by Raghav R
A poem about the prediction of fall of Troy by Cassandra, the princess of Troy.
| *Cassandra’s Prophecy|
Hark! Give ear to the voice mine,
Cassandra, princess and daughter thine,
O! Father, and O! My valiant brother,
I see the dooming clouds gather
Over the shores of Troy
To strike it with thunder to destroy.
O! Father, seest thou not
That the catastrophic doom is brought
By thine own flesh, thy son,
The prince, Paris, who hath won
The affection of another's wife
Enmeshing Troy and Sparta in a strife.
Have trust in my prophetic words,
O! Father, gone are not the hordes
Of Sparta's men back to their land
Causing Troy to celebrate a victory grand,
But their ships are beyond thy eyes
And those of Troy's well-trained spies.
What thou seest is a horse,
Which I know to be a curse,
But thou believest it a gift
Left by the Spartan ships now adrift,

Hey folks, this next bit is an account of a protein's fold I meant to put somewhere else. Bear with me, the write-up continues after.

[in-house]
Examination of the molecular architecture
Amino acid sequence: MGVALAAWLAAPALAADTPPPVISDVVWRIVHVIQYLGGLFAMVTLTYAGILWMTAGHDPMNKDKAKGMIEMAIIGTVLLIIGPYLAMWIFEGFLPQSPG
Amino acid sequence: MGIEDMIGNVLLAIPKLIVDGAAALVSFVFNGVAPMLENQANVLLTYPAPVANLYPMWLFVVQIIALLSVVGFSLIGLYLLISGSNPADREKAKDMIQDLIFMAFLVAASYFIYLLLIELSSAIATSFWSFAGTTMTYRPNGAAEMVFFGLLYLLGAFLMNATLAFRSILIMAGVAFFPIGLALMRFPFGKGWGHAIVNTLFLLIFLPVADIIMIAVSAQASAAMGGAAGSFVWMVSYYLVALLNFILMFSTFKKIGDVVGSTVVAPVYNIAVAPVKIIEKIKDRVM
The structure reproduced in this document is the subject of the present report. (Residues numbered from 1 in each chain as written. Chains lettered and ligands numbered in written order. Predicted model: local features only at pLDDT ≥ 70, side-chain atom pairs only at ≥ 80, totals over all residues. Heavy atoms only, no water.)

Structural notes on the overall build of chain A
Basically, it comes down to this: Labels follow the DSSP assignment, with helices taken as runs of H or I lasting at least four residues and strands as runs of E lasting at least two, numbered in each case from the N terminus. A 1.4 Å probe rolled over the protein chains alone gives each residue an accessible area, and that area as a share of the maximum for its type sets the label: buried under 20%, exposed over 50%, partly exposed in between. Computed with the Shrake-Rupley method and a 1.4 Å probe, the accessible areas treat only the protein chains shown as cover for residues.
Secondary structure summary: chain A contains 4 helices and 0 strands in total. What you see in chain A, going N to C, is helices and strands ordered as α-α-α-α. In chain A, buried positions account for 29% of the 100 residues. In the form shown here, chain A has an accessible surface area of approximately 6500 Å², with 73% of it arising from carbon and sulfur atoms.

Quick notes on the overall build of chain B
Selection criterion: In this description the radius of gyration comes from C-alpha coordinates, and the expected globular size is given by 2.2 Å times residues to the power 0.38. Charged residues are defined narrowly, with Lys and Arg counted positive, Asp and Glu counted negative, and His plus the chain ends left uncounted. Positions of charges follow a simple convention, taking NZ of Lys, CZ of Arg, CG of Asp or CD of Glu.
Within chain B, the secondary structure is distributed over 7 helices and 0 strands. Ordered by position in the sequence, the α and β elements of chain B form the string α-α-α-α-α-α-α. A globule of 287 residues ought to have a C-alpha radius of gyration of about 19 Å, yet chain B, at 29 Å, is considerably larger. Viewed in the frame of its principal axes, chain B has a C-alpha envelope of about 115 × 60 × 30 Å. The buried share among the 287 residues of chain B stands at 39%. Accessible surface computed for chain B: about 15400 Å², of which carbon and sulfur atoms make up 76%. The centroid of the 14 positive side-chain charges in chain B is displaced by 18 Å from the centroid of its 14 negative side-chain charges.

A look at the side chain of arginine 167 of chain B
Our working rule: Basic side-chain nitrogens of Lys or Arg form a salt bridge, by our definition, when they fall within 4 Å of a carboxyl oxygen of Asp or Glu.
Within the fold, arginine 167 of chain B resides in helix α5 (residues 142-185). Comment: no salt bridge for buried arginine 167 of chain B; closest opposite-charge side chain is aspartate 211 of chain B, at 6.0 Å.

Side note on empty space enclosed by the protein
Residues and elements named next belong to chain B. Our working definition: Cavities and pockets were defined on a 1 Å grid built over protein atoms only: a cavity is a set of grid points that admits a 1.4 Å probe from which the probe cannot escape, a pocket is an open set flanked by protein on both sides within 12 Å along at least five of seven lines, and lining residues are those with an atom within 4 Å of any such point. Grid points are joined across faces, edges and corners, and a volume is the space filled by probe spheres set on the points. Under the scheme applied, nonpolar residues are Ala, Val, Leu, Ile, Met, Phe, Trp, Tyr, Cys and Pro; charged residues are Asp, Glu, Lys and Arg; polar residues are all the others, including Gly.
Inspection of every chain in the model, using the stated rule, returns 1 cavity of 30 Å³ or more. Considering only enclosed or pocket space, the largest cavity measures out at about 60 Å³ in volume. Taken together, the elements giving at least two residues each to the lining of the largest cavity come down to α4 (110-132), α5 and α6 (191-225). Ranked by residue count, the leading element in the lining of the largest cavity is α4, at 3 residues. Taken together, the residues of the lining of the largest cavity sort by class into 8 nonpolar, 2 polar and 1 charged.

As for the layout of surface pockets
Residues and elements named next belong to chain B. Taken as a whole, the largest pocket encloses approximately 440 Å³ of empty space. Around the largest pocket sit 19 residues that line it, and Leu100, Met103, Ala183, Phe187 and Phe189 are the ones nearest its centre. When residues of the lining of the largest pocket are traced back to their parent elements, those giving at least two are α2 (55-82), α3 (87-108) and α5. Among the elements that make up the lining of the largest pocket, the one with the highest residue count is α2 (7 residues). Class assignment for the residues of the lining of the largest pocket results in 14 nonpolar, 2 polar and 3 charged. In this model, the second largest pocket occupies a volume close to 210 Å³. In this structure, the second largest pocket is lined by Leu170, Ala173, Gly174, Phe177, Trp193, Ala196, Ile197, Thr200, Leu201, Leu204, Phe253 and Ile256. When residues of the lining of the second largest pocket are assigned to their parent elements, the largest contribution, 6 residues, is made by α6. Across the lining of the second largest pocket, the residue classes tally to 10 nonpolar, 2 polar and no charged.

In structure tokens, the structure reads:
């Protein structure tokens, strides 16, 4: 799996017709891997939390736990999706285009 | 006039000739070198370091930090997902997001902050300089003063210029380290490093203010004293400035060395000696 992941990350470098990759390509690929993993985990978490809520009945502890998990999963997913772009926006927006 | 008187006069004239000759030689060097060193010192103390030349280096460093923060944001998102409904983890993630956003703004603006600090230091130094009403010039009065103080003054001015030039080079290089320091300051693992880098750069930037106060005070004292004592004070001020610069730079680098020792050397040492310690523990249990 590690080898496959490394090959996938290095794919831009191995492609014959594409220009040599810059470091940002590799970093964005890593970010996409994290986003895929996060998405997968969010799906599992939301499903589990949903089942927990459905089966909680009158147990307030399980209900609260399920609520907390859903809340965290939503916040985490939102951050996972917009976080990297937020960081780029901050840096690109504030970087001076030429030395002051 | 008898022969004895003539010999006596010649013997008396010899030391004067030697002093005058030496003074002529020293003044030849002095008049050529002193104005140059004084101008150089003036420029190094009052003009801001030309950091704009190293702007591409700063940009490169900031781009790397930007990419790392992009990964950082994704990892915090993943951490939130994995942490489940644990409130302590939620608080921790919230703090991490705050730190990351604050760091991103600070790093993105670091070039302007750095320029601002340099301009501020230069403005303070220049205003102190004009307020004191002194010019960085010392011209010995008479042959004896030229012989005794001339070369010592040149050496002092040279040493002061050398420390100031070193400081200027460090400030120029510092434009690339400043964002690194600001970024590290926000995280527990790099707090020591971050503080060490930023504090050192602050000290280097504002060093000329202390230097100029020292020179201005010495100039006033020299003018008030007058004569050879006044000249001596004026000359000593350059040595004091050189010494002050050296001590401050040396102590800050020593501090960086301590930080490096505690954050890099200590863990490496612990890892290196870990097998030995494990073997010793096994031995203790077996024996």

Haul not the wooden horse in,
It's Sparta's clever ruse to win
And set Troy on roaring flames,
O! Father, I see their revelry and games
On the fallen bodies of Troy's hope
Who, with drinks-filled eyes, couldn't cope
With the wide-eyed Sparta's men
Who emerge from the wooden den.
Let not Troy say I was mute
And thy words and belief didn't dispute,
My prophetic words will not fail,
They're on the coffin's last nail,
I've done my duty to Troy
For I have warned thee of Sparta's ploy.
None ever believed my words
While they did the signs of birds
And sought to appease the Heaven
By sacrificing virgins ever so often,
Hark! I shall speak no more
For I see only rivers of gore.
Of Troy I'll not speak any more,
Sparta's ships are back at the shore,
I'll be among the spoils of war
Like many maidens of Troy are,
My beloved Troy, bid me adieu
And weep till I'm lost to your view.
3 Feb. 2019
The poem is Cassandra's prophecy about the fall of Troy, about the cause which resulted in the war of ten long years and of her own life after the end of war.
The text below about Cassandra is sourced from "Brewer's Dictionary of Phrase and Fable"
*Cassandra. A prophetess. In Greek legend, the daughter of Priam and Hecuba, gifted with the power of prophecy; but Apollo, whose advances she had refused, brought it to pass that no one believed her predictions, although they were invariably correct.